Hardcore boardwear enthusiasts will be delighted with WeSC’s second UK store, but it is unlikely to widen the brand’s appeal
If boardwear’s your thing, then the Seven Dials area of Covent Garden is something of a destination. Even if you haven’t tackled multiple half-pipes, attempted a heelflip, nosegrind or perhaps an Ollie North but just like the oversized sloppy Joe look that characterises the skateboarder uniform, the chances are you’ll find your way to this part of town.
And when you do, you’ll be confronted with the likes of Fenchurch, Fat Face and, since a couple of weeks ago, WeSC.
The Stockholm-based skatewear brand already has a store in Carnaby Street, and from the outside there is little to distinguish one from the other.
Both are canary yellow in colour and, as the PR put it when describing its location: “You can’t miss it.” Even in an area filled with loud window displays and shouty shopfronts, you’d be hard pushed to overlook this one if you tried.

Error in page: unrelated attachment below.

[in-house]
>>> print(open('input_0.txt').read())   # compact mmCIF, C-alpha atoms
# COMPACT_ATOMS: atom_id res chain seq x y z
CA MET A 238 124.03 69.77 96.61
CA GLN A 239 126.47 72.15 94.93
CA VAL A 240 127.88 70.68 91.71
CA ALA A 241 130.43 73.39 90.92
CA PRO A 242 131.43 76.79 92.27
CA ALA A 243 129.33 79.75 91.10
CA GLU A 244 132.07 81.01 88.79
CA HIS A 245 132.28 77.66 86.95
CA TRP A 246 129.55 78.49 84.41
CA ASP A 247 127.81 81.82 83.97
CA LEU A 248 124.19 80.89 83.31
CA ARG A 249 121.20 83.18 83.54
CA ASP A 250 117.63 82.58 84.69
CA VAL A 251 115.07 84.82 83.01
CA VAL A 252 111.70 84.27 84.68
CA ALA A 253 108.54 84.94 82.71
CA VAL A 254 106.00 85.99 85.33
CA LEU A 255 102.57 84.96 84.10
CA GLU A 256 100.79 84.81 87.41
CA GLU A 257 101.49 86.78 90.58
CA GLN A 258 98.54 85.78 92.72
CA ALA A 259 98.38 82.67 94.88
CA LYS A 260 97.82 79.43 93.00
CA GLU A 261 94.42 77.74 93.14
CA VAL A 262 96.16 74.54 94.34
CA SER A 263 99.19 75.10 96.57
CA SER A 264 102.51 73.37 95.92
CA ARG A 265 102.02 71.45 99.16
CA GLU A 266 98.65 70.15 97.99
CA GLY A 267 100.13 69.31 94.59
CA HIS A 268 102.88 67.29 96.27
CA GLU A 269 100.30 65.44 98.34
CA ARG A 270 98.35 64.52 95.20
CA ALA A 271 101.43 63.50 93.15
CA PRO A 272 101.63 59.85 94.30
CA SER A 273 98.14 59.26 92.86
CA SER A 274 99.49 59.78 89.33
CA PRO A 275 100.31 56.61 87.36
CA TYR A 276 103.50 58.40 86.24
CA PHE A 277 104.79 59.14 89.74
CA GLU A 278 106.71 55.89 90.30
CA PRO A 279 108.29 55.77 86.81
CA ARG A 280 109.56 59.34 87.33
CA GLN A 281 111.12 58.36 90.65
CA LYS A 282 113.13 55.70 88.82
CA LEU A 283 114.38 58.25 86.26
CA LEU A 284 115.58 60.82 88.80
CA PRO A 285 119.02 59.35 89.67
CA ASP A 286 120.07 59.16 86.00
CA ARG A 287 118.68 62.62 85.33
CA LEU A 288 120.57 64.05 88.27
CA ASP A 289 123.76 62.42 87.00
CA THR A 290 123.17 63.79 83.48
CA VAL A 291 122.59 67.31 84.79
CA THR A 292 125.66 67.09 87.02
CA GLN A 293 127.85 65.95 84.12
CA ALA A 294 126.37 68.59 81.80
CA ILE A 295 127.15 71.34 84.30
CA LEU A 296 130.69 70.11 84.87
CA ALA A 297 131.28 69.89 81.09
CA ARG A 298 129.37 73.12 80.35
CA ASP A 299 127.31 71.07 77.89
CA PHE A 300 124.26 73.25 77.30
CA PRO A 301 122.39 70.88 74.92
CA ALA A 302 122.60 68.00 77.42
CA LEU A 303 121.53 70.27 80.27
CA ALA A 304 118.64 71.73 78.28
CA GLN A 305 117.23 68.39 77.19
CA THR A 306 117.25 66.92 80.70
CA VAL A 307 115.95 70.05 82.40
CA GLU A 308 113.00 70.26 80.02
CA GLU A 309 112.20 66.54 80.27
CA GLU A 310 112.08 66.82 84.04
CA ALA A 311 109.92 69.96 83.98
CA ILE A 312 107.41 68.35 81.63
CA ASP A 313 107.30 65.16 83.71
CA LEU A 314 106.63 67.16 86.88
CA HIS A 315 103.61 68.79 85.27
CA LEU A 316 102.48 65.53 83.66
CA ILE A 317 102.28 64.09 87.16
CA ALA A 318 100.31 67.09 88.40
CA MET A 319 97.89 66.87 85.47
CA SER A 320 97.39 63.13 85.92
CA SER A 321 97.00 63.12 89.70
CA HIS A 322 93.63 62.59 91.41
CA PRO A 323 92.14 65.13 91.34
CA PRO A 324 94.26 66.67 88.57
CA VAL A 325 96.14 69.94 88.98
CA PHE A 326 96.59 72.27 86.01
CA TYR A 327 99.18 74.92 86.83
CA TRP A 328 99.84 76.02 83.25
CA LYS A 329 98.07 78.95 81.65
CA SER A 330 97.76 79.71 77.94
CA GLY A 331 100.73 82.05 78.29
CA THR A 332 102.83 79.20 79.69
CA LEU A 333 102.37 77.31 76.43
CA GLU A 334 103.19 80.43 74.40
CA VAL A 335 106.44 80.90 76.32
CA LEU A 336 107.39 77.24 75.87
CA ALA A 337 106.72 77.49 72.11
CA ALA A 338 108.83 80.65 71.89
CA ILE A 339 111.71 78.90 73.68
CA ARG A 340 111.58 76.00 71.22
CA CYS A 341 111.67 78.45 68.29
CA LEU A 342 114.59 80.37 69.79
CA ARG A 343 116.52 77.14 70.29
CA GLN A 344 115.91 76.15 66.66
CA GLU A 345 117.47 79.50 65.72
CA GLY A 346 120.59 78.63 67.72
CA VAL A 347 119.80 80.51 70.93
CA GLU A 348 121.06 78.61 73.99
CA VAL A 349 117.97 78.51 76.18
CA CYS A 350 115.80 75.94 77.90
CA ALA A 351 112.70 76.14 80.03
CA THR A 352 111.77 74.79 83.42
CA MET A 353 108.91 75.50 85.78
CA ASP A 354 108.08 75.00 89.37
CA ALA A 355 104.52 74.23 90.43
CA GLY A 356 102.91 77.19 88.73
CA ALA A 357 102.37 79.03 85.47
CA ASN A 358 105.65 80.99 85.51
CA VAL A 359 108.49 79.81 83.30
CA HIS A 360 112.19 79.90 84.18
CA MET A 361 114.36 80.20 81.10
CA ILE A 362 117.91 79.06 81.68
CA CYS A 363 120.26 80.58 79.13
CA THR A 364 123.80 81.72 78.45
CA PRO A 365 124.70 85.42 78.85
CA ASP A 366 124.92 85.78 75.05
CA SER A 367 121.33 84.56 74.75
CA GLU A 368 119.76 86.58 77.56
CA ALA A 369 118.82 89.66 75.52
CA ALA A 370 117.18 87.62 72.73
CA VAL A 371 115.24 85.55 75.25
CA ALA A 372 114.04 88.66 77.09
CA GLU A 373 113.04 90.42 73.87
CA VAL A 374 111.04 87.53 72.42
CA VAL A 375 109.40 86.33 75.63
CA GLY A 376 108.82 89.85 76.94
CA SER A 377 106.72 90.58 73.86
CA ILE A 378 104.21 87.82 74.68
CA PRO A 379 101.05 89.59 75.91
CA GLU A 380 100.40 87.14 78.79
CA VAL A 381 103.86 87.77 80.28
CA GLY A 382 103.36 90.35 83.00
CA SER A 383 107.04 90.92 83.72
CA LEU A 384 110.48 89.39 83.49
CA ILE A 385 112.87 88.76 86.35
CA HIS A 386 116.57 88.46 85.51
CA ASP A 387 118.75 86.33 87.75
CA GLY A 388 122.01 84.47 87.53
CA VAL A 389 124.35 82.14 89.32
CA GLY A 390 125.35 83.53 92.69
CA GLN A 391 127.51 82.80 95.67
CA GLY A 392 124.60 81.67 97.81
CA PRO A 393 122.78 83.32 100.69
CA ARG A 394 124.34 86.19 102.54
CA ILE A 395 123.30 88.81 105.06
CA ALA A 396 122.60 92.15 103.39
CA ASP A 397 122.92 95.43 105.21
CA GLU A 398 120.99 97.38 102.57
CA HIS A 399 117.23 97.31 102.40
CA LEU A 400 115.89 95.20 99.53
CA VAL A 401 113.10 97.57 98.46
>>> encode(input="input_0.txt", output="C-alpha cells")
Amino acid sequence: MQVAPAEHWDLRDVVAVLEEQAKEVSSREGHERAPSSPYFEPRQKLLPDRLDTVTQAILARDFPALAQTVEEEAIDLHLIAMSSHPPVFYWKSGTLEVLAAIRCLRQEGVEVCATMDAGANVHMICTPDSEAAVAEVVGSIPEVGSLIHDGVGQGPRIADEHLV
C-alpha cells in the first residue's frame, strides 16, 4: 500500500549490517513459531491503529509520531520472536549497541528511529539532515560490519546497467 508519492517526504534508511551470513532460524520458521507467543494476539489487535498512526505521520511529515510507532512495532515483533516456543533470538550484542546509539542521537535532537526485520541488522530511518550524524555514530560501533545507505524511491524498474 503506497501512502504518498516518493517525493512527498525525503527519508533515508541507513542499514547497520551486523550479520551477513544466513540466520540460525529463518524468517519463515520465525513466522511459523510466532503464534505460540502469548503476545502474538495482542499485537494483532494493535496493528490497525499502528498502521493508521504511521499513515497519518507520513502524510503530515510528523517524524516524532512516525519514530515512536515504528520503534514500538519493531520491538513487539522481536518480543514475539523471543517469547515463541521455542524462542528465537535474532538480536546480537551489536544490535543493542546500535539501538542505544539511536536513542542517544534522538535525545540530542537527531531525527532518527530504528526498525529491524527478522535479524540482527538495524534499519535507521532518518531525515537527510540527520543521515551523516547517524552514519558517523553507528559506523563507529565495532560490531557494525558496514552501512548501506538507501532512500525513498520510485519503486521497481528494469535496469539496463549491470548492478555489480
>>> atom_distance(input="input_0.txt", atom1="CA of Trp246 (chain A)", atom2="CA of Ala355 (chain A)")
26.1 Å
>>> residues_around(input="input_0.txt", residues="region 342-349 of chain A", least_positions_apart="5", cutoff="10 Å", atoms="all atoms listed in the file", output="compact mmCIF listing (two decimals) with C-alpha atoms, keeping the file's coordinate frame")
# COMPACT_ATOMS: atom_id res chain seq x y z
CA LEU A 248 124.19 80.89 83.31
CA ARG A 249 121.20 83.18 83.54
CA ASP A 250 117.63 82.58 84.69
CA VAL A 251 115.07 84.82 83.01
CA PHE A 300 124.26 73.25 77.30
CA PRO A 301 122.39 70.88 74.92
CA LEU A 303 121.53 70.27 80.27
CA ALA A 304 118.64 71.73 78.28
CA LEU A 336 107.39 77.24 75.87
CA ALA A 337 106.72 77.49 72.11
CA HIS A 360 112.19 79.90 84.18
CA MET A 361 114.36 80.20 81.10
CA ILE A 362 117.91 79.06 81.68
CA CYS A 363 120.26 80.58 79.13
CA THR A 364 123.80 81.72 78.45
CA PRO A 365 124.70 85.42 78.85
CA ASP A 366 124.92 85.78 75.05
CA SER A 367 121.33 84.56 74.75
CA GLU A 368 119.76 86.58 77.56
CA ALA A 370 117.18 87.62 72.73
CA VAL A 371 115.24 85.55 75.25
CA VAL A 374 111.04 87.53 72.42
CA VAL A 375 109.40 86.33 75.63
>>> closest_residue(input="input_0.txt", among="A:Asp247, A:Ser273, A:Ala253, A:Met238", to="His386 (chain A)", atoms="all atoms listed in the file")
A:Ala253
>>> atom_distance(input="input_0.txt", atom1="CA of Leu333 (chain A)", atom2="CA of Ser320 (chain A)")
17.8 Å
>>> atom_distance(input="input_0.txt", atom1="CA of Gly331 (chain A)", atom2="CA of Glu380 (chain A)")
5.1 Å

WeSC is an acronym for WeAreTheSuperlativeConspiracy. Back in 1999, its founders were all “avid skateboarders, snowboarders and, above all, creative minds”, according to the blurb.
This is a two-floor store uncompromisingly aimed at the boarding enthusiast, with little allowance made for those who are not part of this subculture.
Key looks and merchandise mix
Walk through the doors of this store and you might be forgiven for thinking that you’ve walked into a headphones shop. There are WeSC-branded headphones everywhere, ranging from sleek-looking metallic DJ versions retailing at close to £120, to cheaper, brightly coloured workaday versions. There is a sense that these are considered as much clothing as the hoodies, T-shirts, check shirts and denims that form the real meat of the offer.
The denim range provides a fair indication of the price level of this collection, with the lead-in price for a pair of jeans being about £60, topping out at £180
for “chemistry” black selvage jeans which feature a 1980s-style snow-wash.